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Imagine a jam-packed Interstate 95 at 5 p.m. on a weekday. With CHF, this traffic jam is what’s happening inside your body. 

When your heart isn’t pumping like it should, it doesn’t squeeze enough blood out with each heartbeat. But that blood has to go somewhere. So, it backs up into the veins that lead to your heart. Blood and fluids can also back up into your lungs, preventing oxygen from entering your blood and leaving you short of breath. Over time, this traffic jam of fluids can even impact your kidneys by causing them to retain both water and salt.

Am I retaining fluid?

Fluid retention can mean your CHF is getting worse, but the good news is there are several ways to spot it early.

  • Weight change – This is one of the earliest. If you feel full without eating much, have loose stools, notice leg and belly swelling or gain two or more pounds in a day or five or more pounds in three days, contact your cardiologist immediately.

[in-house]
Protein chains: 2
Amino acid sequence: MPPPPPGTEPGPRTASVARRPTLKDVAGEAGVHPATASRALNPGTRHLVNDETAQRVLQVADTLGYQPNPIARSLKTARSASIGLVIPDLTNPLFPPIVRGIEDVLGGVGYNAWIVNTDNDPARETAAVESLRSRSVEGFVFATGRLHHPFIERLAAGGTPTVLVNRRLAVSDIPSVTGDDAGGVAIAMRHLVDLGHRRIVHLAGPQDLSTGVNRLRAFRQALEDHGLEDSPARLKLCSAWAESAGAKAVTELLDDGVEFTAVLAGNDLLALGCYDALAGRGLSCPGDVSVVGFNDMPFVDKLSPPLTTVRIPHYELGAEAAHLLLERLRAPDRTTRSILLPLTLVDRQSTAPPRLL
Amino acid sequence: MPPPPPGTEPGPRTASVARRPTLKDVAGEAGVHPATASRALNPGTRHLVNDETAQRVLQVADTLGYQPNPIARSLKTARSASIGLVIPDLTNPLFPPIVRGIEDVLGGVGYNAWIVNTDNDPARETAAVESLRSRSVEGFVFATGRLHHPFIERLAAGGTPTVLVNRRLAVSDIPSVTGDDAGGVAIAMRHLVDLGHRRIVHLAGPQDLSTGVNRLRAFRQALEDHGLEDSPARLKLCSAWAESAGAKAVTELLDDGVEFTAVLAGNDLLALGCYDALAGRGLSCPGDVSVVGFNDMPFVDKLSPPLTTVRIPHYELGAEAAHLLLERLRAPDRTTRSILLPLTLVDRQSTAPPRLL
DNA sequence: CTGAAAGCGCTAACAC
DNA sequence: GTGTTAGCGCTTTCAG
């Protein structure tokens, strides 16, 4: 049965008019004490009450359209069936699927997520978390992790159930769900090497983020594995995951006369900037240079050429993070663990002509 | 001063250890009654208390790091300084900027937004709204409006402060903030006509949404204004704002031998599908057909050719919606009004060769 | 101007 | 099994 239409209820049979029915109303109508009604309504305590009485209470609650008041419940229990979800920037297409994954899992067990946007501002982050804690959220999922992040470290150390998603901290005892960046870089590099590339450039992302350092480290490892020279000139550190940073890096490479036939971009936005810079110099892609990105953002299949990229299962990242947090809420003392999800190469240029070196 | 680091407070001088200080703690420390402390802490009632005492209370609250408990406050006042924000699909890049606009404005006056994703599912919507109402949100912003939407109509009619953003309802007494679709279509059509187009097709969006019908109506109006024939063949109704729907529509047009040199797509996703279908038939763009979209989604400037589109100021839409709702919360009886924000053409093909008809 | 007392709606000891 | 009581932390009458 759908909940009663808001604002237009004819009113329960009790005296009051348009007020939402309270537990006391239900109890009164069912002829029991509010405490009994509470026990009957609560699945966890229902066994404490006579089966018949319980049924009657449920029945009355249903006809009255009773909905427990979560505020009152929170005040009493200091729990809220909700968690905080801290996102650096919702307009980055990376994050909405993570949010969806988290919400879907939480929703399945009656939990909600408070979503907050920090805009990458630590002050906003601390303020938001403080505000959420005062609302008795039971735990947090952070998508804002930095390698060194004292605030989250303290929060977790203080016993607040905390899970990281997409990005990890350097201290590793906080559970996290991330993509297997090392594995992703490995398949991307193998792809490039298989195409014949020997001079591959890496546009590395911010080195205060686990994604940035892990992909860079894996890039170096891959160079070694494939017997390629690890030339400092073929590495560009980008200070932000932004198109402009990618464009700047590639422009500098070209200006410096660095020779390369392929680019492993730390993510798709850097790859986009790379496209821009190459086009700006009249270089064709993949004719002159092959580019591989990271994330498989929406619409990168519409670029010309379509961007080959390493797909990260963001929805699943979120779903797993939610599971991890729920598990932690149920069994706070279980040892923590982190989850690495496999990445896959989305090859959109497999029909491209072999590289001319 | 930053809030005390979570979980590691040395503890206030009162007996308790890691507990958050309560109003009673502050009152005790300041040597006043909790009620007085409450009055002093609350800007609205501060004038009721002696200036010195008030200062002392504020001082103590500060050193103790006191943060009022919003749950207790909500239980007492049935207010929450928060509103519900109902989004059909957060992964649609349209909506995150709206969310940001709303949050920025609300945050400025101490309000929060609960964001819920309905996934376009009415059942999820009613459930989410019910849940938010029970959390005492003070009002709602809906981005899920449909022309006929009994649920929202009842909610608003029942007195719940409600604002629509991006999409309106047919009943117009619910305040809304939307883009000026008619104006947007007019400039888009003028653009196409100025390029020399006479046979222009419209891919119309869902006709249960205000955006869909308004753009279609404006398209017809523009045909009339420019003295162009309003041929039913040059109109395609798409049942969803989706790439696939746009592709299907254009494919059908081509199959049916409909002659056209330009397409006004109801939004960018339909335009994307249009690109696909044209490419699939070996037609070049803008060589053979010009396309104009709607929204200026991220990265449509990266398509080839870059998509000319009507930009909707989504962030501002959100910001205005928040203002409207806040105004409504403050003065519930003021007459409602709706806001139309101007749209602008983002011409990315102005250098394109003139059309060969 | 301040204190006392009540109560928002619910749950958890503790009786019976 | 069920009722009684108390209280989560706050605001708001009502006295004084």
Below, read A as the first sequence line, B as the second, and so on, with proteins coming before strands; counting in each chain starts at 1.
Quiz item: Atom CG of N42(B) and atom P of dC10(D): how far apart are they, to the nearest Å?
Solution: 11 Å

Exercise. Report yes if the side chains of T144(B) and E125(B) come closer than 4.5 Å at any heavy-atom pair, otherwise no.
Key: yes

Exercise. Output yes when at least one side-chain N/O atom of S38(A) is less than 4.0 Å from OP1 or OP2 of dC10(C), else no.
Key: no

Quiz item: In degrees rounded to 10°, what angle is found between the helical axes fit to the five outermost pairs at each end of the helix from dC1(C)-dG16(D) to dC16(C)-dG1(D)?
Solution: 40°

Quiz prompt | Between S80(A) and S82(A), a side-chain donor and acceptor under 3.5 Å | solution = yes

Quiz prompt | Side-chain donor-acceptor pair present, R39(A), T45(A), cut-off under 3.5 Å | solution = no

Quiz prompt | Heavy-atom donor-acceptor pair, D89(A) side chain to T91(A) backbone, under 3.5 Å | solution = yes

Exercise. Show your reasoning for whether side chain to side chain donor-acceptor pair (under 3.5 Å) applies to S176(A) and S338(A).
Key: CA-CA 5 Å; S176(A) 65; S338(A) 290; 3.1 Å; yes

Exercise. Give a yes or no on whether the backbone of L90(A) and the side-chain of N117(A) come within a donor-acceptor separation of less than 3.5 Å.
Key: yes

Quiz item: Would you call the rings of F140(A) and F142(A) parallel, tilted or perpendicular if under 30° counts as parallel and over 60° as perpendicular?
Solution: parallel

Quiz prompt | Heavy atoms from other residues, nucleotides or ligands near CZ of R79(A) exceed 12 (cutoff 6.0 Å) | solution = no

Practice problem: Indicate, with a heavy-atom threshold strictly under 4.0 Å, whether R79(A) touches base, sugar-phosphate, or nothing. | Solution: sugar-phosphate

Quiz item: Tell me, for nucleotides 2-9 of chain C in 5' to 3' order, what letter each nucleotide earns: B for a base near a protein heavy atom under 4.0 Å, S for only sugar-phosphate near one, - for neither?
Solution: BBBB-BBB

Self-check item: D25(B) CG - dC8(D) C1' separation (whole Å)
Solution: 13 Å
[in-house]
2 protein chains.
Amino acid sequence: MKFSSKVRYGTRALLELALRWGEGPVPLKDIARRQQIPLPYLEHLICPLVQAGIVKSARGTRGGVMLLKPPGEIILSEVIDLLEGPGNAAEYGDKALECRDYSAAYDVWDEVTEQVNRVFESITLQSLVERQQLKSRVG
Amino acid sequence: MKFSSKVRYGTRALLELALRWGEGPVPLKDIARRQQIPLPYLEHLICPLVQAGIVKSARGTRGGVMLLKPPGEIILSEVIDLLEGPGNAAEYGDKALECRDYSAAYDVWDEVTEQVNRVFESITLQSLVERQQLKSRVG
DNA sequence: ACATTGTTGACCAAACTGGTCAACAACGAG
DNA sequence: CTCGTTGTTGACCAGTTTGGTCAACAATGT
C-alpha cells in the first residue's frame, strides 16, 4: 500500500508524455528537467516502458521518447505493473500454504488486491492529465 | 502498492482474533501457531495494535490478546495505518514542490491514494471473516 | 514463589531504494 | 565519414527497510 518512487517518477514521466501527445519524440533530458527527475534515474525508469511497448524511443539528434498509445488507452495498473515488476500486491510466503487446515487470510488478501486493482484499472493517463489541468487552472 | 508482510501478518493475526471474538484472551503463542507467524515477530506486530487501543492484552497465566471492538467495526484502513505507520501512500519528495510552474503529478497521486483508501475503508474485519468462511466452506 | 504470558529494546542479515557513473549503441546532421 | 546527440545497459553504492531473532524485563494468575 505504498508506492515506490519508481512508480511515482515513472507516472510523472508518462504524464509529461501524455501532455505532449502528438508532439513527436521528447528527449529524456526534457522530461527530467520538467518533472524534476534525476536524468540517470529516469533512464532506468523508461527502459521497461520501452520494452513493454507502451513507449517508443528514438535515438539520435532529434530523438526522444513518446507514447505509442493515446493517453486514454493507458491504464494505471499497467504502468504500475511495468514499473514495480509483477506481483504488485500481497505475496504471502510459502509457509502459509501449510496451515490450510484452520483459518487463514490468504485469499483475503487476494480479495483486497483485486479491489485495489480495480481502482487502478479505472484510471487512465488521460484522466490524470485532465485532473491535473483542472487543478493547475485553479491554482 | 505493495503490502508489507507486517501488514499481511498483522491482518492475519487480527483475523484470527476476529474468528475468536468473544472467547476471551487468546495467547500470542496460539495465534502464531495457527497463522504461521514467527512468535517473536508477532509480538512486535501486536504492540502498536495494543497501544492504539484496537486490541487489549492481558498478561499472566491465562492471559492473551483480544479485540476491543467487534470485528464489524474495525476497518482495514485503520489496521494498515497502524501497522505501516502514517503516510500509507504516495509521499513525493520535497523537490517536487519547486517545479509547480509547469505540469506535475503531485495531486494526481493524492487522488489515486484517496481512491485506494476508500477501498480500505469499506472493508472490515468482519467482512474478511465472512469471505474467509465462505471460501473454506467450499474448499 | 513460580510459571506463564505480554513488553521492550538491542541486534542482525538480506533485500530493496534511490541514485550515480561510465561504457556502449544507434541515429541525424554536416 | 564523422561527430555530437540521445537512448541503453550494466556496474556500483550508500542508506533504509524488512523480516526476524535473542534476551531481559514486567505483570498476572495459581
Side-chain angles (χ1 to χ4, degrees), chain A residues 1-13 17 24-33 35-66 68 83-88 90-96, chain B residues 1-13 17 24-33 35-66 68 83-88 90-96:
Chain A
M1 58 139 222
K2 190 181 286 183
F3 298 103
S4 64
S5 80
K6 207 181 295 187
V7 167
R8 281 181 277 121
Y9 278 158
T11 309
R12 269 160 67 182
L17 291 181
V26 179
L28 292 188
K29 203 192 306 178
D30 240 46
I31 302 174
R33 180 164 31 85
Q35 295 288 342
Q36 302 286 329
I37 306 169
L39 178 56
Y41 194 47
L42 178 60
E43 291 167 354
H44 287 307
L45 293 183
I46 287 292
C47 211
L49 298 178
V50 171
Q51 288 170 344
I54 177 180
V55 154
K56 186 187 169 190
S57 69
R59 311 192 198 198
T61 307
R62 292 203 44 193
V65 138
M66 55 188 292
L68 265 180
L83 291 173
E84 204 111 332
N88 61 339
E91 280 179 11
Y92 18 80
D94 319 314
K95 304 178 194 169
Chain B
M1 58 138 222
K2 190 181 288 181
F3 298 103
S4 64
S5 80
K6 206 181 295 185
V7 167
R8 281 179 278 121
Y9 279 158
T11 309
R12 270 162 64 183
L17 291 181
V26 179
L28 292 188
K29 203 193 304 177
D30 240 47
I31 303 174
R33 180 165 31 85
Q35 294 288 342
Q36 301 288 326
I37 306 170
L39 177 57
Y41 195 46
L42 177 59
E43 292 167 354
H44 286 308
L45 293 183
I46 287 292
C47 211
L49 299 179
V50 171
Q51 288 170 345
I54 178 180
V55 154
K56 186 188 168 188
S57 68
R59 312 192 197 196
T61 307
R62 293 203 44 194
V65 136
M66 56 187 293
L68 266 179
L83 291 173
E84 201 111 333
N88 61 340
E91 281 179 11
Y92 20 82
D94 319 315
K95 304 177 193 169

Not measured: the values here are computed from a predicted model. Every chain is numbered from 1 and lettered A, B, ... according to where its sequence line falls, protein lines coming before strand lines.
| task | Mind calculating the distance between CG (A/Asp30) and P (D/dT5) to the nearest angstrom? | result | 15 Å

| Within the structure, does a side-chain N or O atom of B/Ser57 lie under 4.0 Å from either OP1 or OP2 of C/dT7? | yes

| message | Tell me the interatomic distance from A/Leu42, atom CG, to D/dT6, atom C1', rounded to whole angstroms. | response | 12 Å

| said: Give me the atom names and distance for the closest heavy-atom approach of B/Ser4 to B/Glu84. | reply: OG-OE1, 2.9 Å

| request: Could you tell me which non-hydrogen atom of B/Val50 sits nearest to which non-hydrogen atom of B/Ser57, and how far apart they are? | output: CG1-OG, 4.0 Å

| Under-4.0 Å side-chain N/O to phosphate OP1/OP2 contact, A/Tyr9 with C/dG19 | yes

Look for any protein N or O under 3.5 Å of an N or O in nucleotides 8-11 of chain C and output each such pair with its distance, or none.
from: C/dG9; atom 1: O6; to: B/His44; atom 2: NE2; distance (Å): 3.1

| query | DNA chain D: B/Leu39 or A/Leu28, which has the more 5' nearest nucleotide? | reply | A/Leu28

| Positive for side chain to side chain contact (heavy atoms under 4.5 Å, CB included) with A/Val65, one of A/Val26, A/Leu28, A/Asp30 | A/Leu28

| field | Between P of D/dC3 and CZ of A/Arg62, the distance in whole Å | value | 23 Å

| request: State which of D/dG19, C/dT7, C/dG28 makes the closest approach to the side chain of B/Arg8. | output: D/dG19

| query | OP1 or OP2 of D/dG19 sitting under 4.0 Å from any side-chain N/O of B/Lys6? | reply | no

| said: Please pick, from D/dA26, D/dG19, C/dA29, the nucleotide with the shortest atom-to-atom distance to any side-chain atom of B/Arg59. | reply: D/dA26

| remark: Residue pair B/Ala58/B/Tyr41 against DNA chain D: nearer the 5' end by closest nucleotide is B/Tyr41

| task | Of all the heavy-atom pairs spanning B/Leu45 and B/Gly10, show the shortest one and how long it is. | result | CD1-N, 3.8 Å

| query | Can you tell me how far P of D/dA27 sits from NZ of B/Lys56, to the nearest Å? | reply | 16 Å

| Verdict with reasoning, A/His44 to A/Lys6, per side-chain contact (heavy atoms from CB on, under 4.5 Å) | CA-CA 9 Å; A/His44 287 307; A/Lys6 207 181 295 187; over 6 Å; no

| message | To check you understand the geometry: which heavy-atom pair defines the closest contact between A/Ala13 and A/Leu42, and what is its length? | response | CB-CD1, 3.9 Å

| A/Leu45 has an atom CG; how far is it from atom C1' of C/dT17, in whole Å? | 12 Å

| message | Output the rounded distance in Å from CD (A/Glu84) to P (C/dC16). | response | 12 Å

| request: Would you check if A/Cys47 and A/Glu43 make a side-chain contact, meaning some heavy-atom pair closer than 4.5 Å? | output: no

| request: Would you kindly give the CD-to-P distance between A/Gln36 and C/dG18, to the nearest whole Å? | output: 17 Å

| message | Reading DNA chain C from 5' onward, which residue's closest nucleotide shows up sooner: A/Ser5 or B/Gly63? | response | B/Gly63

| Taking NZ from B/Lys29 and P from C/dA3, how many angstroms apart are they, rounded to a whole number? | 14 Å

• Swelling – Swelling can occur everywhere from your belly to your legs and ankles.
  • Bloating – Extra fluid can cause bloating in your stomach, as well as loss of appetite and nausea.
  • Increased need to urinate – This can occur as your body tries to get rid of the extra fluid.

How can I reduce the extra fluid in my body?

Cardiologists and registered dietitians can help you manage fluid retention with medicine and nutrition plans. Here are a few steps you can take at home.

  • Monitor your weight and lose weight if needed – Talk with your doctor about what your ideal weight is. Your “dry weight” is your regular weight when you are not retaining fluid.
  • Cut back on salt/sodium – Salt is the main source of sodium, which is found naturally in and also added to many of the foods we eat. Sodium causes your body to hold on to water. Most nutrition plans for CHF patients limit sodium to 1500 to 2,000 milligrams or less per day.
  • Take diuretics as directed – Diuretics, also known as water pills, help your kidneys remove extra water and salt from your body. They can also relieve swelling in your legs.

Call your doctor immediately if you gain two or more pounds in one day or five or more pounds in three days, have swelling that is getting worse, have trouble breathing or feel bloated or nauseous and have lost your appetite.

Want help reducing your salt intake? A registered dietitian can provide nutrition therapy to keep you on track. To schedule an appointment or find out more, visit our website or call 410-553-8146.